Senior has been represented by Tom Reich, one of the better known agents at the time.

“I didn’t want to step on any toes,” Goldberg said, “but Junior seemed to like me. I watched him play. He was going to ask if he’s picked high if there’s any chance I could represent him. The same thing happened. Senior says to me: ‘Hey, Brian, I’m leaving for spring training in a couple of weeks. Why don’t you come over at the house and have dinner, and we’ll talk about some things.’

“So I go over the house for dinner maybe in mid-February. Senior says, ‘Tom Reich has done a good job for me. You’re not stepping on his toes. He’s on to the younger guys. I really don’t feel bad about this. Junior likes you. The scouts have been coming over. He’s going to get picked high. I don’t know how high. You know I don’t get to see him play because I’m still playing.’”

When Senior did get to see Junior play, Junior did not play well. That may have kept father from knowing how good his son was. Griffey was the No. 1 pick overall in the 1987 draft.

The first thing Goldberg negotiated for Griffey was the $189,000 signing bonus he got from the Seattle Mariners.

No. 1 picks don’t always pan out, and, in the case of high-schoolers, rarely quickly. Griffey was the exception. He made the Mariners in spring training of 1989 as a 19-year-old. By 1990, he was an All-Star. By 1993, there was talk than he was the best player in the game.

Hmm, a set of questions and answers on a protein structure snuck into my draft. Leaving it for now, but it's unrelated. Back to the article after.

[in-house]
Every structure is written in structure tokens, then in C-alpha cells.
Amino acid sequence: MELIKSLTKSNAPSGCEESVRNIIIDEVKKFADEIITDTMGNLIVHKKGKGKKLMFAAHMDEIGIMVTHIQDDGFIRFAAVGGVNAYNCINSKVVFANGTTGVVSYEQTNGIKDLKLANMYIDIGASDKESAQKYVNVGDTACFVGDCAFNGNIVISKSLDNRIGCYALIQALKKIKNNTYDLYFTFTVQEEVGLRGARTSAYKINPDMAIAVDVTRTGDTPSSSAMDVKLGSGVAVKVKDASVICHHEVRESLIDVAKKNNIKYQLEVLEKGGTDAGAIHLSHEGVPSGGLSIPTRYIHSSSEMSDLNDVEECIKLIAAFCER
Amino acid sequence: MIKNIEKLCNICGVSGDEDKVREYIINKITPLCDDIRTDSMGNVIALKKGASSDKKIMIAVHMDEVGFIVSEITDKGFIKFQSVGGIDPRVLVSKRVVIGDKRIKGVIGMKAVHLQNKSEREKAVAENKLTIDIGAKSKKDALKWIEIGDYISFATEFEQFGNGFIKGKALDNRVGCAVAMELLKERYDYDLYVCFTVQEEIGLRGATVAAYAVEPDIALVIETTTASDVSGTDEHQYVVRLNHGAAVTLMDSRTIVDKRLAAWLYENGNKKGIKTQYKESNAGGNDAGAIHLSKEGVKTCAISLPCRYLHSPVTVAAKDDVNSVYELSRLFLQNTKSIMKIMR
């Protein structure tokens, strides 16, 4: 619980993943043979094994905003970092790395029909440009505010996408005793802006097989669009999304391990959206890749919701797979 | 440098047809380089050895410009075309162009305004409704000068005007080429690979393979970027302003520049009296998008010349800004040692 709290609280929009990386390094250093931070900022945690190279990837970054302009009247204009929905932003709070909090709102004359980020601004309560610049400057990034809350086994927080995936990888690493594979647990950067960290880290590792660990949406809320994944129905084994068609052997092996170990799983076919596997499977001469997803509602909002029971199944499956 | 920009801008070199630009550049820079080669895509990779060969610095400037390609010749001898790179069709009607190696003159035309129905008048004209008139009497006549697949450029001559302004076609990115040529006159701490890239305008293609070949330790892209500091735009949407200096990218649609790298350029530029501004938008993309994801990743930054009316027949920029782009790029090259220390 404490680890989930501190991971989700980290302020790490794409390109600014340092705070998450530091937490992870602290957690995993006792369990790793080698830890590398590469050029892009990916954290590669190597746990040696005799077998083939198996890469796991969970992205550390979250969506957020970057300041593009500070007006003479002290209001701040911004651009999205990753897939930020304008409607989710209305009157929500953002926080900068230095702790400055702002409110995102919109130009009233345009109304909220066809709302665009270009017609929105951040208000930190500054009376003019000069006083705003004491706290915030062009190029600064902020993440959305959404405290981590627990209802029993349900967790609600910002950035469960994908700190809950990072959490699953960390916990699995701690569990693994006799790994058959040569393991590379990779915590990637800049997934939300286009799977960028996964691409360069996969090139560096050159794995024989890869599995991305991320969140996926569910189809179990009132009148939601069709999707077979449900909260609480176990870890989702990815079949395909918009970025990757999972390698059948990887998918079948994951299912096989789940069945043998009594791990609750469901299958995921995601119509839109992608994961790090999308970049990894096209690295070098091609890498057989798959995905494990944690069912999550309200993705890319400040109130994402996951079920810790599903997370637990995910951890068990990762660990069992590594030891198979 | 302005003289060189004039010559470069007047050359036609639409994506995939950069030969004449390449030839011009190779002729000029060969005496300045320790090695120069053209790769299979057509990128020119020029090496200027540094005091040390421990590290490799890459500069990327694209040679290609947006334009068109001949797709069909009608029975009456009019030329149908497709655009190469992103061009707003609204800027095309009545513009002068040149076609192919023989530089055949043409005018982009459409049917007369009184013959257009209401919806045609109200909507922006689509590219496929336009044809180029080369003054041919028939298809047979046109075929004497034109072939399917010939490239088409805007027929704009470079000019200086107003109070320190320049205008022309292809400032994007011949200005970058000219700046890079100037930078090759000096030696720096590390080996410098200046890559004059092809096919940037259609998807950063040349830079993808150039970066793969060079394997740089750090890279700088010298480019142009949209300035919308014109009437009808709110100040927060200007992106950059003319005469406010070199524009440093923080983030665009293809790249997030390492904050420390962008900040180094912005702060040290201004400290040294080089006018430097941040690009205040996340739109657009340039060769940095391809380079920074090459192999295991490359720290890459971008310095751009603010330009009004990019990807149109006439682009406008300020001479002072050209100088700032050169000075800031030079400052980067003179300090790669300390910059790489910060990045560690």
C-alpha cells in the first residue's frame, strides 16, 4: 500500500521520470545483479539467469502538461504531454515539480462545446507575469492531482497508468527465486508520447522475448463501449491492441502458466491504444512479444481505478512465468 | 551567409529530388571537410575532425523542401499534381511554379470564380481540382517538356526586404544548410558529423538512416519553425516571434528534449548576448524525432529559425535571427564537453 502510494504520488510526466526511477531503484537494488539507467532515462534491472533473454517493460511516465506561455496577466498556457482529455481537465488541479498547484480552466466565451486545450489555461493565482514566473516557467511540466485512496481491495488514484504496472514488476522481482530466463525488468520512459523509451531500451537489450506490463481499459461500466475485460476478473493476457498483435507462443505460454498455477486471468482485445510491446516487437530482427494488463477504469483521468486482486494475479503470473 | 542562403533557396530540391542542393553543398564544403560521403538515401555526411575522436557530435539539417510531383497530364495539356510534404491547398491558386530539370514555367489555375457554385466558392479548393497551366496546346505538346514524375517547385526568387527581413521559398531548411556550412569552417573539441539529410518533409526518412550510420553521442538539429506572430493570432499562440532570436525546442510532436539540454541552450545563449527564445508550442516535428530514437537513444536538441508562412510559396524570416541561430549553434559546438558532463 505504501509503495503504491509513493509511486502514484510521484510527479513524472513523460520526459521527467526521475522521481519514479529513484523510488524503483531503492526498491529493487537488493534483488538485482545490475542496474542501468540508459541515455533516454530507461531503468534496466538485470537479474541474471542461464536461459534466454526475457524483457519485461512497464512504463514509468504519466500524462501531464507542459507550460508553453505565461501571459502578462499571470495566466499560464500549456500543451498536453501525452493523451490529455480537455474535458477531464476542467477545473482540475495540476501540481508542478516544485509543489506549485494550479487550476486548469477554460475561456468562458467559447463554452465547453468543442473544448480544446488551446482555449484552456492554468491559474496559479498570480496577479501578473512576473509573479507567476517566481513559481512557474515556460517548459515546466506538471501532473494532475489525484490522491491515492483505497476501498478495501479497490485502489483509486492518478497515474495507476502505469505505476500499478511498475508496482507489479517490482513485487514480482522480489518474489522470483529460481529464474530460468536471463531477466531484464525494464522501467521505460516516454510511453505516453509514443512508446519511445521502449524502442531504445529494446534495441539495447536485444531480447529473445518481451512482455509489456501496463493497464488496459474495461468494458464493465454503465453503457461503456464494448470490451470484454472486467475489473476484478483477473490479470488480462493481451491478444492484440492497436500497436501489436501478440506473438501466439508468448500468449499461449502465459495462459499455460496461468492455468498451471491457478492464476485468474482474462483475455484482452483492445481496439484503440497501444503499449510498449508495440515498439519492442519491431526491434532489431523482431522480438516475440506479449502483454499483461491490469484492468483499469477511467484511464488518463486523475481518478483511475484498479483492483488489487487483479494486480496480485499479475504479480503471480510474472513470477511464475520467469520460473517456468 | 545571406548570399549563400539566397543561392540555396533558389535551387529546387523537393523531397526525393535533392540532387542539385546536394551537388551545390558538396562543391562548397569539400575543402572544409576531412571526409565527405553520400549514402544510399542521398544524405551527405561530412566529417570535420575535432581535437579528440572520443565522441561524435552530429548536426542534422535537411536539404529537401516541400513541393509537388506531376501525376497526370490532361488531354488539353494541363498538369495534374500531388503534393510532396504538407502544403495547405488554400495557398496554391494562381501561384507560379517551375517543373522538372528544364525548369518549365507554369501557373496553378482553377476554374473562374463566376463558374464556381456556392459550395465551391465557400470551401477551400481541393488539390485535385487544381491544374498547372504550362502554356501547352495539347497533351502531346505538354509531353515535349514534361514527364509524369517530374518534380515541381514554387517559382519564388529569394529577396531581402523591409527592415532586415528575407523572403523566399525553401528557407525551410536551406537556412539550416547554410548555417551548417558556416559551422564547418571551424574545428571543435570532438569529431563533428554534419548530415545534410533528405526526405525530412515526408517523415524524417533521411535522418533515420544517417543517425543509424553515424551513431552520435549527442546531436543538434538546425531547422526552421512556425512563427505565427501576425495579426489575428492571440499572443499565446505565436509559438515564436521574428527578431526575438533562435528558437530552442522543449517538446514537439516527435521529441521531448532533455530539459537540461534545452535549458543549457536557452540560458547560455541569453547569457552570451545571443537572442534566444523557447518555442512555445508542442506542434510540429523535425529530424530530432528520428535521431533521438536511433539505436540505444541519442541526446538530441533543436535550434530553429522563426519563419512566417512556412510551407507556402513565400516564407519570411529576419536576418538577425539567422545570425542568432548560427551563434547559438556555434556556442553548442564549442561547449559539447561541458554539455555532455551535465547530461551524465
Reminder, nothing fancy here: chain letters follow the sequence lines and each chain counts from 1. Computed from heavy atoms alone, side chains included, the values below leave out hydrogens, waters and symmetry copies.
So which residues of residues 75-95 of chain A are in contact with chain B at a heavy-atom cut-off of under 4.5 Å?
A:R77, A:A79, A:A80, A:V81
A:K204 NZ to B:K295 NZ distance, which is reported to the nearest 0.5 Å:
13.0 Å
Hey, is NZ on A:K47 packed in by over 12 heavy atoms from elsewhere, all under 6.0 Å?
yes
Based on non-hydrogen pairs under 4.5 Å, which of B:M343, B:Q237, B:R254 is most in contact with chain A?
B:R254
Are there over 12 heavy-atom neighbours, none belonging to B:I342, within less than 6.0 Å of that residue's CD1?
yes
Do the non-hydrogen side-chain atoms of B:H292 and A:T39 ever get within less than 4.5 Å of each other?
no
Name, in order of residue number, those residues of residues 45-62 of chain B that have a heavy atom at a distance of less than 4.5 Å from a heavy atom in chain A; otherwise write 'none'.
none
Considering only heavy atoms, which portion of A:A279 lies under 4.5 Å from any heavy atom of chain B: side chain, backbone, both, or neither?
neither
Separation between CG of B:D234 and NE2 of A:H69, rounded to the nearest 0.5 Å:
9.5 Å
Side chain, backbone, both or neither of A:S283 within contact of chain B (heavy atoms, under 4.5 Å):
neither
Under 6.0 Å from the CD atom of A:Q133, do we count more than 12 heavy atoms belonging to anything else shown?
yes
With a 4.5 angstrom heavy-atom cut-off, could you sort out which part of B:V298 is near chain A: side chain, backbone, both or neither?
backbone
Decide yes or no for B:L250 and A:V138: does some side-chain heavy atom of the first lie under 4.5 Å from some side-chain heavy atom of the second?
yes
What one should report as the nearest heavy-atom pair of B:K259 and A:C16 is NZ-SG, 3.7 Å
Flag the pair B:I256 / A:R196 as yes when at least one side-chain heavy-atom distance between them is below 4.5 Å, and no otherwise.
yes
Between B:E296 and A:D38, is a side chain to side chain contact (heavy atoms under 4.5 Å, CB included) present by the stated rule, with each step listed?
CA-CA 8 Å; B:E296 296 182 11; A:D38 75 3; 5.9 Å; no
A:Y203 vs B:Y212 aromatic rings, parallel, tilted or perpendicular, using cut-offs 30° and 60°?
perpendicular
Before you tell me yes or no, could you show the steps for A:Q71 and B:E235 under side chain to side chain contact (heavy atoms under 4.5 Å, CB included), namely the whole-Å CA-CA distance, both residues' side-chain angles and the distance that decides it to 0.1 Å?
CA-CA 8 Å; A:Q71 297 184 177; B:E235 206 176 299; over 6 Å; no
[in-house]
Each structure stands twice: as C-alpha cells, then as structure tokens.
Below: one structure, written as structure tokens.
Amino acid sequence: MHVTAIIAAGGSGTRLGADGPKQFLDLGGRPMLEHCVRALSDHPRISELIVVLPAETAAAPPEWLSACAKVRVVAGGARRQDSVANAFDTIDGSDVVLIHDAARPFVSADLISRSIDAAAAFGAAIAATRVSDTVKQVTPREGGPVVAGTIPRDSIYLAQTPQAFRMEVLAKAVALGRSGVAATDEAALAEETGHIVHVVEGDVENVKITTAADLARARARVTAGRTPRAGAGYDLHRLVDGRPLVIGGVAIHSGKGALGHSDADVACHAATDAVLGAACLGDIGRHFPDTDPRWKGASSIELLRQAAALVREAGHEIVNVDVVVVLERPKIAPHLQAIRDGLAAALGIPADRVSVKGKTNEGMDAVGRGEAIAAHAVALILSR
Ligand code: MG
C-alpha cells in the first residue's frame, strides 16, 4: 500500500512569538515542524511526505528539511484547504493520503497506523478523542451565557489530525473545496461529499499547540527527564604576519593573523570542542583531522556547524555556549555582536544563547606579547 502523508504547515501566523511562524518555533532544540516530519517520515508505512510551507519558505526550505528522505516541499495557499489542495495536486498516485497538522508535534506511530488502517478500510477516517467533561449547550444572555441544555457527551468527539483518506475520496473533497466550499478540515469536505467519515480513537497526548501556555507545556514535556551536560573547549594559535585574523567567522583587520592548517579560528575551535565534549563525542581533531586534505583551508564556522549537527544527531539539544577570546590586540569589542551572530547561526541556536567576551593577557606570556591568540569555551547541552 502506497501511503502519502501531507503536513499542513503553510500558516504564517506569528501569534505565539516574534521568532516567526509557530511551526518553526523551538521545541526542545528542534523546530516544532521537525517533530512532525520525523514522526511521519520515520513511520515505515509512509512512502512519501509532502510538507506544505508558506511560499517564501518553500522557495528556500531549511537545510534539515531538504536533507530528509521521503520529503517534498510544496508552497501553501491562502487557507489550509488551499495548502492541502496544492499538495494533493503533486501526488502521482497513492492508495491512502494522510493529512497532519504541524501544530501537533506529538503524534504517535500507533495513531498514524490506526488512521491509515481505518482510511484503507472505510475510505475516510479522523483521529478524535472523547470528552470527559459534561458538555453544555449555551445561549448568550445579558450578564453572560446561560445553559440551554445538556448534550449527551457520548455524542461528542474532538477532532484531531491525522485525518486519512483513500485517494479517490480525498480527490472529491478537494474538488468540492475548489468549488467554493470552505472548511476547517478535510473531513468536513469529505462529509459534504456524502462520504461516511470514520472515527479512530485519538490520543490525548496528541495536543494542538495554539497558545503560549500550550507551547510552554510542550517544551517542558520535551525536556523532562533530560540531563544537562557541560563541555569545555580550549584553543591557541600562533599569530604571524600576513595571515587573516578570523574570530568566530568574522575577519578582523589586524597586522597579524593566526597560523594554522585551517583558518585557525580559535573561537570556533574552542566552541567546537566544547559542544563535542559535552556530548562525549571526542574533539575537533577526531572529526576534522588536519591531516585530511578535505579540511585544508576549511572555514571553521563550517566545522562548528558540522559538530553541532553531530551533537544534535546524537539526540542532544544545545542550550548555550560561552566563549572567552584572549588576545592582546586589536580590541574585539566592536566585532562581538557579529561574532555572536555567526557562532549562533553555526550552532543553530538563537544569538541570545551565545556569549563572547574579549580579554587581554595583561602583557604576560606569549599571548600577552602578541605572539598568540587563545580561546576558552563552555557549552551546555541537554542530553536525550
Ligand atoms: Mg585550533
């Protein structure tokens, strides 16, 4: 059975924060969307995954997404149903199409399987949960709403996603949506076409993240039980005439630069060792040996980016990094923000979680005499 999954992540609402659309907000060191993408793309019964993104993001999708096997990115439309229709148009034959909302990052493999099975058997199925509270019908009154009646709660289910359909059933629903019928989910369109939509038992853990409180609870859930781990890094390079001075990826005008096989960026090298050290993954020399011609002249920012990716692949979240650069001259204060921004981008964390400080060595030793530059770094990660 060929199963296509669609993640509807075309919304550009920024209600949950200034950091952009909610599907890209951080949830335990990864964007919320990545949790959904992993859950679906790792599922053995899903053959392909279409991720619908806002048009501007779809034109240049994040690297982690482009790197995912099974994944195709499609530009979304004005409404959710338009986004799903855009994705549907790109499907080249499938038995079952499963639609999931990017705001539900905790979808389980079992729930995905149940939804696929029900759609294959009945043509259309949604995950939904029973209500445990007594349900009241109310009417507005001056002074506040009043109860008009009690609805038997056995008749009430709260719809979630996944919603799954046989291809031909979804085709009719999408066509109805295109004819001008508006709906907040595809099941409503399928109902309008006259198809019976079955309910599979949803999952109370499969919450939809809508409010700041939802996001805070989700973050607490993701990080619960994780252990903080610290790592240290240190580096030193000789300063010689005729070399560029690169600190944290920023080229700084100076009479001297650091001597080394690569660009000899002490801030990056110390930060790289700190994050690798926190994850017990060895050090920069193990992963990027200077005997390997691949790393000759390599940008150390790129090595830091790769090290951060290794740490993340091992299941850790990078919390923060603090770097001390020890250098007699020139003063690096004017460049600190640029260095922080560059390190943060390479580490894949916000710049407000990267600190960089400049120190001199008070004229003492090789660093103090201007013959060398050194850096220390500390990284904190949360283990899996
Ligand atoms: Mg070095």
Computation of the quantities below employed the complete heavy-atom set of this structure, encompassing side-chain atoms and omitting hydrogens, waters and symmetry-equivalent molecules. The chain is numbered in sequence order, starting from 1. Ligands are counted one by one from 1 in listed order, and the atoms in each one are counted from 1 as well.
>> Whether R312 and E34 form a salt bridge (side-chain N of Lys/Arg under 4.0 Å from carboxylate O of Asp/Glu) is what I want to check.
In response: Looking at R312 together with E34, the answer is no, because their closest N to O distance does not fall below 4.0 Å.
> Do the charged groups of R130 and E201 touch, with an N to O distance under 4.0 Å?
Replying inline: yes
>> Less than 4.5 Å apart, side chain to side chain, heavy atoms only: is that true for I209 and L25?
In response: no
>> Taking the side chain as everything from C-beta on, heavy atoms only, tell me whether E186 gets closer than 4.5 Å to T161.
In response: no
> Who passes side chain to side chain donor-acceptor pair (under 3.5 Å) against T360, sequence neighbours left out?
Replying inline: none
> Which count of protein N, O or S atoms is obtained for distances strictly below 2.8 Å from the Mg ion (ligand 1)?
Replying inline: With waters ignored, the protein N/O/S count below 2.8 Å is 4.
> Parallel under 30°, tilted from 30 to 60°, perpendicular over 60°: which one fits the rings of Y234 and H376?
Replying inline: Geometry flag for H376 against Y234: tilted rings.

A Seattle teammate famously said high school cost Junior four years of service time.

Griffey’s smile, style of play and skill set made him one of the games most recognizable stars. Endorsements poured in. Griffey became the face of Nike’s baseball line.

Goldberg had much more than a side job as an agent. Representing Griffey became a full-time undertaking. Goldberg wasn’t a high-profile agent. He had only a handful of clients; one of them just happened to be the best player in baseball.

Ken Griffey Sr. talks with his son, Ken Griffey Jr., in 1990 while they both played for the Seattle Mariners. Family was a key motivation for his trade to the Reds. (Ken Levine/Allsport/Getty Images)

Letting Junior be Junior

Some of those high-profile agents would have loved to steal Griffey. Goldberg admits he thought about that in the early years.

“The rules were more lax back then,” he said. “Now, the players’ union is a lot more strict about who can contact who. To borrow a phrase of one of the lawyers at the players union back then, it was like the wild, wild west. I was a little nervous.

“Junior was just loyal to a T. I was a little nervous for a couple of years, but he tried to put me at ease.”

Griffey says he never considered switching agents.

“I didn’t really entertain anyone after I signed with Brian,” Griffey said. “For me, it was how loyal he was. I’m not a needy person. I don’t need to be handheld and things like that. From Day 1, Brian let me be me. I think a lot of agents out there don’t let their players be who they are.

“Brian was like ‘I’m not here to change you.’ We’ve always had a relationship where I could bounce things off him. Day or night. His phone was always on. There’s been times when I’ve called him at 2 in the morning.”

The fact that Griffey’s agent was in Cincinnati and had grown up a Reds fan played a role in Griffey’s ending up in the Queen City.

Griffey’s contract with the Mariners was running out in 2000. Seattle had another superstar, Alex Rodriguez, with a contract about to come due as well.

The Mariners knew they couldn’t sign both.

“In 1999, the Mariners wanted to get out in front,” Goldberg said. “They said, ‘We know Alex is going to leave unless we’re the highest bidder, and we’re probably not going to be the highest bidder. Can we sign Junior to an extension?'